YNMG tetraloop formation by a dyskeratosis congenita mutation in human telomerase RNA.Theimer, C.A., Finger, L.D., Feigon, J.
(2003) Rna 9: 1446-1455
- PubMed: 14624001
- PubMed Abstract:
- Mutations linked to dyskeratosis congenita cause changes in the structural equilibrium in telomerase RNA
Theimer, C.A.,Finger, L.D.,Trantirek, L.,Feigon, J.
(2003) Proc.Natl.Acad.Sci.USA 100: 449
Autosomal dominant dyskeratosis congenita (DKC) has been linked to mutations in the RNA component of telomerase, the ribonucleoprotein responsible for telomere maintenance. Recent studies have investigated the role of the GC (107-108) --> AG mutation ...
Autosomal dominant dyskeratosis congenita (DKC) has been linked to mutations in the RNA component of telomerase, the ribonucleoprotein responsible for telomere maintenance. Recent studies have investigated the role of the GC (107-108) --> AG mutation in the conserved P3 helix in the pseudoknot domain of human telomerase RNA. The mutation was found to significantly destabilize the pseudoknot conformation, resulting in a shift in the thermodynamic equilibrium to favor formation of a P2b hairpin intermediate. In the wild-type sequence, the hairpin intermediate was found to form a novel sequence of pyrimidine base pairs in a continuous stem capped by a structured pentaloop. The DKC mutant hairpin was observed to be slightly more stable than the wild-type hairpin, further shifting the pseudoknot-hairpin equilibrium to favor the mutant P2b hairpin. Here we examined the solution structure of the DKC mutant hairpin to identify the reason for this additional stability. We found that the mutant hairpin forms the same stem structure as wild-type and that the additional stabilization observed using optical melting can be explained by the formation of a YNMG-type tetraloop structure, with the last nucleotide of the pentaloop bulged out into the major groove. Our results provide a structural explanation for the increased stability of the mutant hairpin and further our understanding of the effect of this mutation on the structure and stability of the dominant conformation of the pseudoknot domain in this type of DKC.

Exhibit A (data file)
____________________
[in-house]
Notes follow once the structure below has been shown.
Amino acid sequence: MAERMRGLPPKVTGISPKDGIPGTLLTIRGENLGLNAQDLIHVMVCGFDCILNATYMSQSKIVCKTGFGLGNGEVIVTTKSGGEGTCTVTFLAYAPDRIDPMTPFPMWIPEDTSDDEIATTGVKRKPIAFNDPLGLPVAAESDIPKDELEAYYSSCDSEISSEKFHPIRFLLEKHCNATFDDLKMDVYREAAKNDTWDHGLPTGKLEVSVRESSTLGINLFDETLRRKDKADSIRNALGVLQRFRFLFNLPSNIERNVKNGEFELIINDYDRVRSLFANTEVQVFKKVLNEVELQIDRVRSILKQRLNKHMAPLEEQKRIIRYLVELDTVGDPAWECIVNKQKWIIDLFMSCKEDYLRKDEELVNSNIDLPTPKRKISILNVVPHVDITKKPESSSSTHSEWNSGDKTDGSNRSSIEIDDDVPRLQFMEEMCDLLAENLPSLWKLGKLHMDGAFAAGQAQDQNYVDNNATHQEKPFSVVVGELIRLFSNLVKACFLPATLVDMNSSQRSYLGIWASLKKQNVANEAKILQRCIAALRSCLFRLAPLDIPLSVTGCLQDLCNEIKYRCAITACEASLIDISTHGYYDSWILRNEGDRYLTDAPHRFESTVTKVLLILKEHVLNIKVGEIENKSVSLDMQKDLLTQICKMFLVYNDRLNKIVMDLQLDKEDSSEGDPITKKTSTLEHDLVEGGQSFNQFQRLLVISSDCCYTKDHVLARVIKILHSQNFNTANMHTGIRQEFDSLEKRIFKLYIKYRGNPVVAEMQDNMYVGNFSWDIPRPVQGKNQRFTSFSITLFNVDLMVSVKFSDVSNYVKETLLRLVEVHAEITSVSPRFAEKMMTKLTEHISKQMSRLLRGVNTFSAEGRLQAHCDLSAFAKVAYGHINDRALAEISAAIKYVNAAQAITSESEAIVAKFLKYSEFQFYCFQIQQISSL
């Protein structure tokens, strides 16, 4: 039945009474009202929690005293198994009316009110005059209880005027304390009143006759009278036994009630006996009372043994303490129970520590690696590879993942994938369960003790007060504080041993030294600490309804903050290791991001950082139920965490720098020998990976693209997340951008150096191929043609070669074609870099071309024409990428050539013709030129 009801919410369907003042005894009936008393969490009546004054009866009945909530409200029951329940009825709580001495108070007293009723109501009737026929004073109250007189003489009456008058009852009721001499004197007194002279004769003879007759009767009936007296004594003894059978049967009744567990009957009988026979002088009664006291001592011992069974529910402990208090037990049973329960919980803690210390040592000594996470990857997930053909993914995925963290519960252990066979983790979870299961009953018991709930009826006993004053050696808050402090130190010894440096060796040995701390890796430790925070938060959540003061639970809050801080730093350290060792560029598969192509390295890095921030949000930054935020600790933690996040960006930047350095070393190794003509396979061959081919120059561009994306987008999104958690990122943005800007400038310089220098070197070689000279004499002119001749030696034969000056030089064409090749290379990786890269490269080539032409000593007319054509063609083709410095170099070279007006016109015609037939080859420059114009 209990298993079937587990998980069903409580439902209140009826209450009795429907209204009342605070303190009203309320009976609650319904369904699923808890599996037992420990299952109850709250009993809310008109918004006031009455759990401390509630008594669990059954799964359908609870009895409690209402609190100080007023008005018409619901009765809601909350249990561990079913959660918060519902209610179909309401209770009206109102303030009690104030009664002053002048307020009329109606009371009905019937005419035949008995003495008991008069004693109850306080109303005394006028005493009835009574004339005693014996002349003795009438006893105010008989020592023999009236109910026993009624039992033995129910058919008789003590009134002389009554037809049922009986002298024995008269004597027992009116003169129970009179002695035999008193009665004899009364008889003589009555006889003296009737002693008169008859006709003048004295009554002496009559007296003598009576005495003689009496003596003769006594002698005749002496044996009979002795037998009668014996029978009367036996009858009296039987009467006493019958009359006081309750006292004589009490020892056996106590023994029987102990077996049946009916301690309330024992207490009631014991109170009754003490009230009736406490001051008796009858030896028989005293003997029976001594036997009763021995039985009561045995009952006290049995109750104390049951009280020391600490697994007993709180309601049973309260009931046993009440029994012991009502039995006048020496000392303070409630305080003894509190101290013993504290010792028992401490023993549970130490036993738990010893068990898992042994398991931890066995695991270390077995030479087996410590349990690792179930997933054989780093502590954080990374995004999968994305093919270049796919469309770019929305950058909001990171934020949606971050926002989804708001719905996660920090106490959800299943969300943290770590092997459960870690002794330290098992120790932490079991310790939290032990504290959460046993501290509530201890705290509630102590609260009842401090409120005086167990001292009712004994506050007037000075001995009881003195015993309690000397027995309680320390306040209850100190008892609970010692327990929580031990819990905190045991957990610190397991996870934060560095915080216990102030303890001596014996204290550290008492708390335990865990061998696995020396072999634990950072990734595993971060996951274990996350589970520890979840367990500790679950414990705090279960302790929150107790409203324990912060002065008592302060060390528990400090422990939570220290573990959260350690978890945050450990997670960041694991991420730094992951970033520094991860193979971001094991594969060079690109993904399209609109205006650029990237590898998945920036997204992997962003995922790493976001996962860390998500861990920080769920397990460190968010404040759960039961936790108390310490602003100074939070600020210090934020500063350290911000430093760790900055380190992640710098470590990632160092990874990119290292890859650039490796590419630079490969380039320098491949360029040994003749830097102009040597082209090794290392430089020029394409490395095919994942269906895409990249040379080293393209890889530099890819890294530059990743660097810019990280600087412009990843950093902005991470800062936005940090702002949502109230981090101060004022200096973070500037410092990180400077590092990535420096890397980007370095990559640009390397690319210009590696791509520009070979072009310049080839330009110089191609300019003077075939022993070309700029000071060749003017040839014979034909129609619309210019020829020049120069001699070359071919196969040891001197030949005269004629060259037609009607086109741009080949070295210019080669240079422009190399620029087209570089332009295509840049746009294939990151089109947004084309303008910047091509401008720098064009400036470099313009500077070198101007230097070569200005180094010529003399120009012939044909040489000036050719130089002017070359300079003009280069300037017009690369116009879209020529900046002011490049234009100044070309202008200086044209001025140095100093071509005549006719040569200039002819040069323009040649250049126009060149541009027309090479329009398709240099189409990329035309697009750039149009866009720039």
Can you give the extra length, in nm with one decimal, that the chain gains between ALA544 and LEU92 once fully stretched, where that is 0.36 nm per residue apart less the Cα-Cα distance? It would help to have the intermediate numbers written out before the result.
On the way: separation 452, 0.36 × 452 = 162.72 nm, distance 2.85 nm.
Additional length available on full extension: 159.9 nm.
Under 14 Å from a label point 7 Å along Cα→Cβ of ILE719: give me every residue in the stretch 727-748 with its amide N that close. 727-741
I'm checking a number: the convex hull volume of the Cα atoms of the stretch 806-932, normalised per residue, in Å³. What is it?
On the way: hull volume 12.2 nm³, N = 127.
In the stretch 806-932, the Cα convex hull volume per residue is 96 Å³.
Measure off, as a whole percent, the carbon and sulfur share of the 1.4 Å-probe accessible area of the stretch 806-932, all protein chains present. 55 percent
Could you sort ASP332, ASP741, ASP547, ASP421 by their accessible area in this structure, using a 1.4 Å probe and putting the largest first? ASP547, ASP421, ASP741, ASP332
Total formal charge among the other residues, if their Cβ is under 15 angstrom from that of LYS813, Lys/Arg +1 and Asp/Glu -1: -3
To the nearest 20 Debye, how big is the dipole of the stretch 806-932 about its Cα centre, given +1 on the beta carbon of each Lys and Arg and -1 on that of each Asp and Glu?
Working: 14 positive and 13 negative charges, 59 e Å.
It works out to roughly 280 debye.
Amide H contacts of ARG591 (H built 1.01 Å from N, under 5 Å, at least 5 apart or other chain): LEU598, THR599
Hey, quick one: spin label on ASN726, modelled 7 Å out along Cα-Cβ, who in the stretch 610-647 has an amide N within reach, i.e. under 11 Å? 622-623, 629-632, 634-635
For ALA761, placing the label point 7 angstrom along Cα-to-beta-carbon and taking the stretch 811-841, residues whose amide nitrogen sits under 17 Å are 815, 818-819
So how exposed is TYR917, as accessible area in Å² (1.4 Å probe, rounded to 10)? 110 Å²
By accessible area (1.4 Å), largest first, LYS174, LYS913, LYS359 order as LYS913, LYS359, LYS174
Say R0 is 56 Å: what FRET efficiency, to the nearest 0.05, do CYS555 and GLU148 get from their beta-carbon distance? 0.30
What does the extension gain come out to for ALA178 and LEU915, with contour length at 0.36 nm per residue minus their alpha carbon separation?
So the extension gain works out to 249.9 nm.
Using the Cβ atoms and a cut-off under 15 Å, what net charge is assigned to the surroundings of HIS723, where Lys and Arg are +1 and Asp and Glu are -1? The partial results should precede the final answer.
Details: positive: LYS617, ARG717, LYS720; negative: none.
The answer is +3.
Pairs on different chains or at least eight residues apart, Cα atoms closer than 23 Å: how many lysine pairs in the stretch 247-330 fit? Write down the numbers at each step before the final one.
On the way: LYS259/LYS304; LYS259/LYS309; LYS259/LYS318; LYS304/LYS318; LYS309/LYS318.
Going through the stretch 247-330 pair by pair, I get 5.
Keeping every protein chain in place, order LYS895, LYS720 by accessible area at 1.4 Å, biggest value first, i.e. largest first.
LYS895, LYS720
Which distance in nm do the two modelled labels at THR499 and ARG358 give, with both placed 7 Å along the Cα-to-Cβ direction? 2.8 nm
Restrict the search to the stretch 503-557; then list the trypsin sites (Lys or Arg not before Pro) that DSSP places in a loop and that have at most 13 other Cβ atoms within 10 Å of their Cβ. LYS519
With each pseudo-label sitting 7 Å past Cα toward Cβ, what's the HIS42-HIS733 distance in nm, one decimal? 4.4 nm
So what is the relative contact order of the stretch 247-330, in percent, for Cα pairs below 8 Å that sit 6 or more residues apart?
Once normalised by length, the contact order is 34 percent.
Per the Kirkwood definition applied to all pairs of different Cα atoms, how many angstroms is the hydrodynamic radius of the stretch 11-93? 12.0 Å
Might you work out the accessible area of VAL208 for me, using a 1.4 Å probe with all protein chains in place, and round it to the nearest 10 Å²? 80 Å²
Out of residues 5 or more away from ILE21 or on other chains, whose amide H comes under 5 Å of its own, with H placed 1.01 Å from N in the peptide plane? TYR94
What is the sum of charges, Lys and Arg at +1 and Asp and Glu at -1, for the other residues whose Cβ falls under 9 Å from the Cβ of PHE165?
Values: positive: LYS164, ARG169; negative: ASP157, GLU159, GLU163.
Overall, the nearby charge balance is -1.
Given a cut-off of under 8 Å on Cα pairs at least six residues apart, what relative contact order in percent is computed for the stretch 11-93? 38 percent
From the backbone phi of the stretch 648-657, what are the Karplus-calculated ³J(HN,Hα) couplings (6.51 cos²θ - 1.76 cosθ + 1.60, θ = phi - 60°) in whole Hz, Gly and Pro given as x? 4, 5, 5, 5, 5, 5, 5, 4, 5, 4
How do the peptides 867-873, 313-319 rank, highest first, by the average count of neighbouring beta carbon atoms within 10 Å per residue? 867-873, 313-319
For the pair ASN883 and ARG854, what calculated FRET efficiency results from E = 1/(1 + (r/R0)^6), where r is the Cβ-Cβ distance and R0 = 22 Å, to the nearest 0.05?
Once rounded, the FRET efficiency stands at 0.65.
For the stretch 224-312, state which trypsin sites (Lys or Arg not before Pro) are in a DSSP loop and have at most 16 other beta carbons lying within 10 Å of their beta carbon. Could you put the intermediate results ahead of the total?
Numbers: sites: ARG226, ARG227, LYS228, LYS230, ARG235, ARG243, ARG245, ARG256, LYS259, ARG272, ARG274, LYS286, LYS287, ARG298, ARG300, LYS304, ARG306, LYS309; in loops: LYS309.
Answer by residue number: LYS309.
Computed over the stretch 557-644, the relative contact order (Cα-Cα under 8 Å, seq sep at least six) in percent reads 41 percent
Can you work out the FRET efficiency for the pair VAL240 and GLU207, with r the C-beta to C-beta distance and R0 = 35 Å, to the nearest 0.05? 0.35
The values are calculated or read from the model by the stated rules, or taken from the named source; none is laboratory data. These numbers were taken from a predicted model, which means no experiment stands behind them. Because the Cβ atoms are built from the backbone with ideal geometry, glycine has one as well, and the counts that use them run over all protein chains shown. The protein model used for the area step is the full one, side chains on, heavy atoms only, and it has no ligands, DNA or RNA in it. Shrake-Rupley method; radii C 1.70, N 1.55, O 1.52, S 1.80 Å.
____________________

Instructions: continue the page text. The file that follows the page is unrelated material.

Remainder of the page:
Department of Chemistry and Biochemistry, and Molecular Biology Institute, University of California, Los Angeles, Los Angeles, California 90095, USA.